Let's take a look at the following SLIP & FALL CASE:
A well-known supermarket chain implemented a new safety program that substantially reduces the chances of patron related injury slip and fall claims. Part of the safety program consisted of hourly sweep logs of the entire floor of the store, half-hourly sweeping of the front lobby and vegetable department, twice hourly inspection by primary management personnel who are well trained on hazard control, and the use of customer safety mats in high traffic areas of the produce department and near the entrance way of doors. Every sweep is mandatory to be logged in the sweep log or sweep sheets using an electronic time clock. The sweeping sheets were to be periodically reviewed by the store manager and risk management personnel; and this intense, and detailed safety program proved to be very effective in reducing the number of customer slip and fall accidents and gave the store an excellent defense to the few claims that were litigated in a courtroom.
In this particular slip and fall case, the plaintiff was walking by an instant beverage display when she actually slipped on some powdery film from a drink mix that leaked from one of the instant beverage packages; the actual powder was visible on close inspection but somewhat difficult to see on a casual glance, and it made the floor very slippery. Upon a close exam of this stores diligent sweep logs or sweep sheets it showed a gap of approximately one hour and 44 minutes between sweepings...and store managers all testified that all the normal inspections and safety walk throughs were timely completed; thus, the defense lawyers defended this case on "lack of notice of any danger." However, the defendant store could not come up with a reasonable explanation of the missing sweep note for the gap prior to the slip and fall accident, except that an employee who would have been responsible for notating may have simply forgotten to put the notation in the sweep log. After testimony of the mangers, and employees, the jury eventually found that the defendant store would have known about the beverage powder being on the floor had it followed its own diligent sweep logging methods for inspection and sweeping.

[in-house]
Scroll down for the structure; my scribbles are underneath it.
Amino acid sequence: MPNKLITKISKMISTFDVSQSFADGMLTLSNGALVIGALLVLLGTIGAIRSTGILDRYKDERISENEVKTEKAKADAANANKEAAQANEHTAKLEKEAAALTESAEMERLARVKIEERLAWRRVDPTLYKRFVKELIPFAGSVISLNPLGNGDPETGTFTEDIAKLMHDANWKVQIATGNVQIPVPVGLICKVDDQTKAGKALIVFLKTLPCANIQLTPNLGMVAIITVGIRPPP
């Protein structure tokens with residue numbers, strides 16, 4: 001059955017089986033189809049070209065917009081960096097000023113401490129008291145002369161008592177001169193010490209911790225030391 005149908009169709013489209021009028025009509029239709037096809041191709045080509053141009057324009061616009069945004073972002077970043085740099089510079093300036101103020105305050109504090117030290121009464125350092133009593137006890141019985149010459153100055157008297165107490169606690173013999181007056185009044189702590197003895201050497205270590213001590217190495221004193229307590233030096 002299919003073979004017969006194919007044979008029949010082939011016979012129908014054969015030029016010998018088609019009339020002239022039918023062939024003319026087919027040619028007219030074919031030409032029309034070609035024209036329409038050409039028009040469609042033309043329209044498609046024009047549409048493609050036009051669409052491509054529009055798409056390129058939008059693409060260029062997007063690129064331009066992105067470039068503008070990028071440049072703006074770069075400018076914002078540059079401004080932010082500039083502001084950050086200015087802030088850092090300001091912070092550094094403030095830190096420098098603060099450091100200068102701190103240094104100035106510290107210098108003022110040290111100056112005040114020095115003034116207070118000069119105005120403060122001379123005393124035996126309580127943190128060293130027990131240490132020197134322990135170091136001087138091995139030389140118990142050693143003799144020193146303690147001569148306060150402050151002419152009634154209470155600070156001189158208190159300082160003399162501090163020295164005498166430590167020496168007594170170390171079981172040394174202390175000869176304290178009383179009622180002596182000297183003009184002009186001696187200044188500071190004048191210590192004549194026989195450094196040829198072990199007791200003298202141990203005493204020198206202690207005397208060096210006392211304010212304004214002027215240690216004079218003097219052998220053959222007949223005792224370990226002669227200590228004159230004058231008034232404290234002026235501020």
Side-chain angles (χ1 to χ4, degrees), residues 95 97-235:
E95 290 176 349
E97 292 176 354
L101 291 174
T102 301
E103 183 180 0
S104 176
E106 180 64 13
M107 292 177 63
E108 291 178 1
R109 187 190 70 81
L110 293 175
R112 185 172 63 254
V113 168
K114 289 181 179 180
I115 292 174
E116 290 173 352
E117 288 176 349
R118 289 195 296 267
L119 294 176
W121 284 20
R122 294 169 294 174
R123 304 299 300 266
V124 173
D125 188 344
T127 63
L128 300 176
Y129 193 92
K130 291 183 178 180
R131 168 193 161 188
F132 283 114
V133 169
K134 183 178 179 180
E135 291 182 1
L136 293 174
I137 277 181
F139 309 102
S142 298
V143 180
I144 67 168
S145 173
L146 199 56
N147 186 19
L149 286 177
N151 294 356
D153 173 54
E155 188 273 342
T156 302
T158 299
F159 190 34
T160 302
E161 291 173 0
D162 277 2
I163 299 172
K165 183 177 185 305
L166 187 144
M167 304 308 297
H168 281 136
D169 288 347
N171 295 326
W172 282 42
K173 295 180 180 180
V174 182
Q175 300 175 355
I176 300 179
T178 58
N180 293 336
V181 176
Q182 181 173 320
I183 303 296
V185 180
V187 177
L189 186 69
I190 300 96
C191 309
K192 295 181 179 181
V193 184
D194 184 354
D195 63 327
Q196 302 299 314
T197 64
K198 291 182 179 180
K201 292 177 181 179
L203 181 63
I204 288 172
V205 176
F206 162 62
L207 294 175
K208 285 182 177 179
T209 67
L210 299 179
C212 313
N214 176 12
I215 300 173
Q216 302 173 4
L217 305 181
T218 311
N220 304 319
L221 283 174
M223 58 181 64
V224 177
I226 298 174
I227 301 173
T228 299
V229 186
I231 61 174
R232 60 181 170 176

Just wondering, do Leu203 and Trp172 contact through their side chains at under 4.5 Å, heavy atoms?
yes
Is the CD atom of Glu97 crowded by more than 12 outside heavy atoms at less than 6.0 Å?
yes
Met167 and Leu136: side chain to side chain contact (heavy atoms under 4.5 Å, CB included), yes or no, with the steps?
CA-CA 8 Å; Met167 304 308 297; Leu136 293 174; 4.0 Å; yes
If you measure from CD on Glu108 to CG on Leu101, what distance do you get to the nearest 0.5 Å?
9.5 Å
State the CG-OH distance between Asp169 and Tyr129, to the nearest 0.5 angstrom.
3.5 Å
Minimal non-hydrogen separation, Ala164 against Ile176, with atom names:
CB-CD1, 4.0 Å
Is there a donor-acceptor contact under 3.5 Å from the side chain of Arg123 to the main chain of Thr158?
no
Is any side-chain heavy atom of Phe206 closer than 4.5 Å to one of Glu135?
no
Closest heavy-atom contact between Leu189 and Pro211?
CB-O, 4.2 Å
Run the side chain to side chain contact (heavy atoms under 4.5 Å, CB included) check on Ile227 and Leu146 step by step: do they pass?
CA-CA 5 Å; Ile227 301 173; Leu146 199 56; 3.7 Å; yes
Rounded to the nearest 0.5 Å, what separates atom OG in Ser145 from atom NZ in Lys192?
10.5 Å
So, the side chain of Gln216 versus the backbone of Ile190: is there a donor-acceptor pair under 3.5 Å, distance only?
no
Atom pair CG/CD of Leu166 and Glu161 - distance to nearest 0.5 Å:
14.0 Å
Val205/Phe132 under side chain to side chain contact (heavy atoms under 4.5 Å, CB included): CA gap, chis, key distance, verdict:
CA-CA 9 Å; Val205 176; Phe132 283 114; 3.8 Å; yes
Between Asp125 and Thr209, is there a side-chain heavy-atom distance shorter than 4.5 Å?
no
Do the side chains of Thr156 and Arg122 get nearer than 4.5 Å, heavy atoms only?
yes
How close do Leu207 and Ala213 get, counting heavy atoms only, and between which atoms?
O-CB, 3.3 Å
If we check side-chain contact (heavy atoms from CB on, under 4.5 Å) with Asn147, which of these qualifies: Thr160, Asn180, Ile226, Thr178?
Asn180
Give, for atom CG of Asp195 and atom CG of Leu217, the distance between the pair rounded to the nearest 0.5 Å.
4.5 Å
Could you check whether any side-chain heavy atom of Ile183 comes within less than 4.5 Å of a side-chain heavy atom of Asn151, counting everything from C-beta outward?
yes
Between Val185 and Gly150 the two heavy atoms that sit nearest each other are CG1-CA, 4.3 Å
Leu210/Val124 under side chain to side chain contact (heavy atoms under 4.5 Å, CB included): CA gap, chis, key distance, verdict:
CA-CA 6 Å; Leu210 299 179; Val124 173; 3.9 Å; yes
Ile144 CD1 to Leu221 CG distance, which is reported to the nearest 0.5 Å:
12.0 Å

Thus, the "death knell" of the above case example was that gap in time in the sweep log and the jury found the store breached its duty of due care to the injured party. The plaintiff could then establish constructive notice of the danger and win the case. Keep in mind, in other similar cases where the store had no gaps of time in the sweep log, the plaintiffs could not establish the same constructive notice arguments. The business store owner's duty to the customer doe not require super extraordinary care or effort in slip and fall injury and accident prevention; it only requires a reasonable standard of care!